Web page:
Continuing from where I left off in my previous post


After hiking to the ridge of Mt. Achasan and turning away from the Seoul Trail leading to Mt. Yongmasan, we walked down a long trail of steps to Achasan Mountain Ecological Park. By 1 p.m., families and groups of hikers started showing up in the park.



Here’s what I love about hiking in Seoul, there are multiple ways to reach the summit of any peak. So, as we traced our path towards the main entrance of the park, it seemed as if we had hiked in the opposite direction. Along the way, signboards indicated the route to the summit and information office. For those who might have read my earlier post, you might remember, our first stop at the Goguryeojeong Pavilion, where we saw hikers climb the rocky face of the mountain (appearing from nowhere). As we passed the signboards, we came across the base of that mountain route. The climb is pretty steep and involves climbing jagged rock, but, is a shorter route to reach the Pavilion. Basil was all set to climb up this route. I thought of exploring the ecological gardens, instead.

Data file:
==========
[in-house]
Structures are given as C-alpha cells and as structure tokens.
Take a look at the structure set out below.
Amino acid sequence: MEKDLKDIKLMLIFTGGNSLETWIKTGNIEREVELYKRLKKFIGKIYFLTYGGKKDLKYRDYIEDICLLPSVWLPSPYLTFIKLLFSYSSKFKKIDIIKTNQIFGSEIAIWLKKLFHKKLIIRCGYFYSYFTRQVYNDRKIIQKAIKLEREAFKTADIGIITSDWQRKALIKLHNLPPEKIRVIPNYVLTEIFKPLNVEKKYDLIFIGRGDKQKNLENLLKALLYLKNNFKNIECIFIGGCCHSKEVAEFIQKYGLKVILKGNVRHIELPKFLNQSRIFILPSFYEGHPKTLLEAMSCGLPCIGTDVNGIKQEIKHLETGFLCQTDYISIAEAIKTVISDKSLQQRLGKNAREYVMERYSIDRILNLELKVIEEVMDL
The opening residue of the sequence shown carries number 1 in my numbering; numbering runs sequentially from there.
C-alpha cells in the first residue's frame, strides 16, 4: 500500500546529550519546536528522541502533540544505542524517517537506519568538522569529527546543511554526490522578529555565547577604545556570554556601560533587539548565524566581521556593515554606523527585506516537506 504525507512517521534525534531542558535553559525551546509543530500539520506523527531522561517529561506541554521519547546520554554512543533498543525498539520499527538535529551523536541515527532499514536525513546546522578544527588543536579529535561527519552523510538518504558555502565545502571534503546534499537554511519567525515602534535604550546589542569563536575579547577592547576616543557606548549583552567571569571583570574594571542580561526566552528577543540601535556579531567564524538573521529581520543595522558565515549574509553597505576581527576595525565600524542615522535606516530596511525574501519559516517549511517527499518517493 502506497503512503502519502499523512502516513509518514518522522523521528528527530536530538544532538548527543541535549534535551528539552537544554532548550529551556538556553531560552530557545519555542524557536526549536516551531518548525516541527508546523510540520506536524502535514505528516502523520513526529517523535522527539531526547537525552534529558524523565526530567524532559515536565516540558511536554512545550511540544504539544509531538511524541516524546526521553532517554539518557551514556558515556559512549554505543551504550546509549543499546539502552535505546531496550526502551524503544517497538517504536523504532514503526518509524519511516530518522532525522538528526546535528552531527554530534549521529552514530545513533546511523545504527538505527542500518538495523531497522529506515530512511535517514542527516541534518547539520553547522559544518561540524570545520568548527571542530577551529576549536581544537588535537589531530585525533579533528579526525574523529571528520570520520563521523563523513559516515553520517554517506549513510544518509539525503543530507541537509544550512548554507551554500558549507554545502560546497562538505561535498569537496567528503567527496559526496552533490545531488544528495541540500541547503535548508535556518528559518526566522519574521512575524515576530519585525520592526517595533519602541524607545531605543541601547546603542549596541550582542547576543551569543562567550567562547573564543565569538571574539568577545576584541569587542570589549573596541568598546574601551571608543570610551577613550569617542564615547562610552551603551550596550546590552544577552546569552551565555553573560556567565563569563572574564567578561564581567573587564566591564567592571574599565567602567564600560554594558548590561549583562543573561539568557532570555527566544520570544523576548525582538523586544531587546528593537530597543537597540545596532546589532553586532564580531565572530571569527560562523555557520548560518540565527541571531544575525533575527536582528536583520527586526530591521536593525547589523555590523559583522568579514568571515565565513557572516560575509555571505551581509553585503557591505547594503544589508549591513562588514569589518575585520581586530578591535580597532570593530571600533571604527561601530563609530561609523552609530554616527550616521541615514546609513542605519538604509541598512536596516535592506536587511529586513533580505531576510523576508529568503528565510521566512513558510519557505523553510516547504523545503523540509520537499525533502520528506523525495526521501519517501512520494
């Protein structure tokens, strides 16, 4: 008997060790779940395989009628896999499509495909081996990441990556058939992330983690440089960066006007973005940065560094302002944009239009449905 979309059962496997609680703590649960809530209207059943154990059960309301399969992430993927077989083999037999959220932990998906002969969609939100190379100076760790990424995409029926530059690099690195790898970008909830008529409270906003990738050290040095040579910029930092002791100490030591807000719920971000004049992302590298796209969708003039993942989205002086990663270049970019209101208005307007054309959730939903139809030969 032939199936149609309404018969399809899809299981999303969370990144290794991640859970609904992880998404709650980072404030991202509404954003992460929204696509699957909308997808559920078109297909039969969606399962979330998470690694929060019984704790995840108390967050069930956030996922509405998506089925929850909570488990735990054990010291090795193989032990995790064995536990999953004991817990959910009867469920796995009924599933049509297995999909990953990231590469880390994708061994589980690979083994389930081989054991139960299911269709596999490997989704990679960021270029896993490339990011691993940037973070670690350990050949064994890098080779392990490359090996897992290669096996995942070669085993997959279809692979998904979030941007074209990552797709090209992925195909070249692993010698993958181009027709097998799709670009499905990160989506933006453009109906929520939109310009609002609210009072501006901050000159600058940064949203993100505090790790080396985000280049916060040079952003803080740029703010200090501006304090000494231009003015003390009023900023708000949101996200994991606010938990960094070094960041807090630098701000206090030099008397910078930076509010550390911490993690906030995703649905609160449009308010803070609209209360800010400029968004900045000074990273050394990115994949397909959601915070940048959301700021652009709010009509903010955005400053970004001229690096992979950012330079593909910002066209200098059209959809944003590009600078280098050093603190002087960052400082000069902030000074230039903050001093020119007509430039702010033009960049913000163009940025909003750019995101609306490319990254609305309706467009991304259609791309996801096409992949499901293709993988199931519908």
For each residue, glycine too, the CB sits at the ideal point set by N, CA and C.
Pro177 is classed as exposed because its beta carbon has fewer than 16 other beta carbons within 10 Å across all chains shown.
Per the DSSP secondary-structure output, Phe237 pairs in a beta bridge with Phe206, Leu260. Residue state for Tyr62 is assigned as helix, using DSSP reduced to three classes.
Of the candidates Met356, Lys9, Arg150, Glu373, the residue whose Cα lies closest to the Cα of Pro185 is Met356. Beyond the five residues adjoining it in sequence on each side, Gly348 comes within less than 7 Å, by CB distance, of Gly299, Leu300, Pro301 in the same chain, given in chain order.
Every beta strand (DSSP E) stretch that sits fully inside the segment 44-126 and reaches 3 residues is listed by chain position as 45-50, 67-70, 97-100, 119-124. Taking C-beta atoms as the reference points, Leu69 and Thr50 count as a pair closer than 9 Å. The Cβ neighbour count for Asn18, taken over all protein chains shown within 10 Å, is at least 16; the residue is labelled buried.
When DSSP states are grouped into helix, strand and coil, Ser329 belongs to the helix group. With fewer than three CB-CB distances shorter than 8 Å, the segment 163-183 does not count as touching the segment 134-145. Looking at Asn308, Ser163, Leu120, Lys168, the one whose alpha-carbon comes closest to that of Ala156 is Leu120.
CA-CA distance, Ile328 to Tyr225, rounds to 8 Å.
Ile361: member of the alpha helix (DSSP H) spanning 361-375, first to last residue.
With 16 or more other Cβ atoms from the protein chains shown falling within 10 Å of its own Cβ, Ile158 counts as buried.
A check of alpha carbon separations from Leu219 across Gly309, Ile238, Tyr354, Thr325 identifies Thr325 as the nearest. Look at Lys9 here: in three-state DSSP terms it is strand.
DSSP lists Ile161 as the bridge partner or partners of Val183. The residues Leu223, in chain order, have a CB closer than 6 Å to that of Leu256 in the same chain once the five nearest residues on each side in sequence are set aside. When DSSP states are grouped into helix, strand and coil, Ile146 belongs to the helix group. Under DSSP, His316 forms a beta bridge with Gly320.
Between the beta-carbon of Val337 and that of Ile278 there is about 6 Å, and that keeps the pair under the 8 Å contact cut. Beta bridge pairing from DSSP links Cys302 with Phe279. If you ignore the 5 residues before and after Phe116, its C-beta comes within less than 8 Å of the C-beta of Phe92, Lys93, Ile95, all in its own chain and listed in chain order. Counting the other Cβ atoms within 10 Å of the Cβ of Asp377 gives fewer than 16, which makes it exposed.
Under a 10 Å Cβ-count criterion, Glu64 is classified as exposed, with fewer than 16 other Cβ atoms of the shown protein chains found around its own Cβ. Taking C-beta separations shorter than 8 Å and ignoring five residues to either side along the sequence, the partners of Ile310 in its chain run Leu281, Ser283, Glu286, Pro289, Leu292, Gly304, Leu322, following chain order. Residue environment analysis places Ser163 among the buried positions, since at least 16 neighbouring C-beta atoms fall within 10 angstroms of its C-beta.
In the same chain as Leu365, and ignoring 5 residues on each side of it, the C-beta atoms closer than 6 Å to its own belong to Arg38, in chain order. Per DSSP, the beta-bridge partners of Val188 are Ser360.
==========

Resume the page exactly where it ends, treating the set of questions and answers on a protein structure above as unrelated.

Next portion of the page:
Further on, a wooden boardwalk lead towards a gushing waterfall and thick canopy of green trees. Below, the waters of the fall gushed into a small rivulet, flowing deeper into the park. Visitors were happy to pose with the gushing water and didn’t seem to care much of a likely fall. Despite the squealing sounds of excited kids or the yelling of selfie frenzied folk; the setting had a calming effect. It’s hard to go wrong with a gurgling river and chirping birds.


A performance stage was set for young kids to showcase their musical talent. We sat for a while, rested our tired legs; before realising, that maybe, the audience comprised families of the children performing.





It was strange to exit the park from the main entrance gate. It felt like finishing the race from the opposite side of the finish line. Huge boards gave a brief background of the area and some historical facts of the park.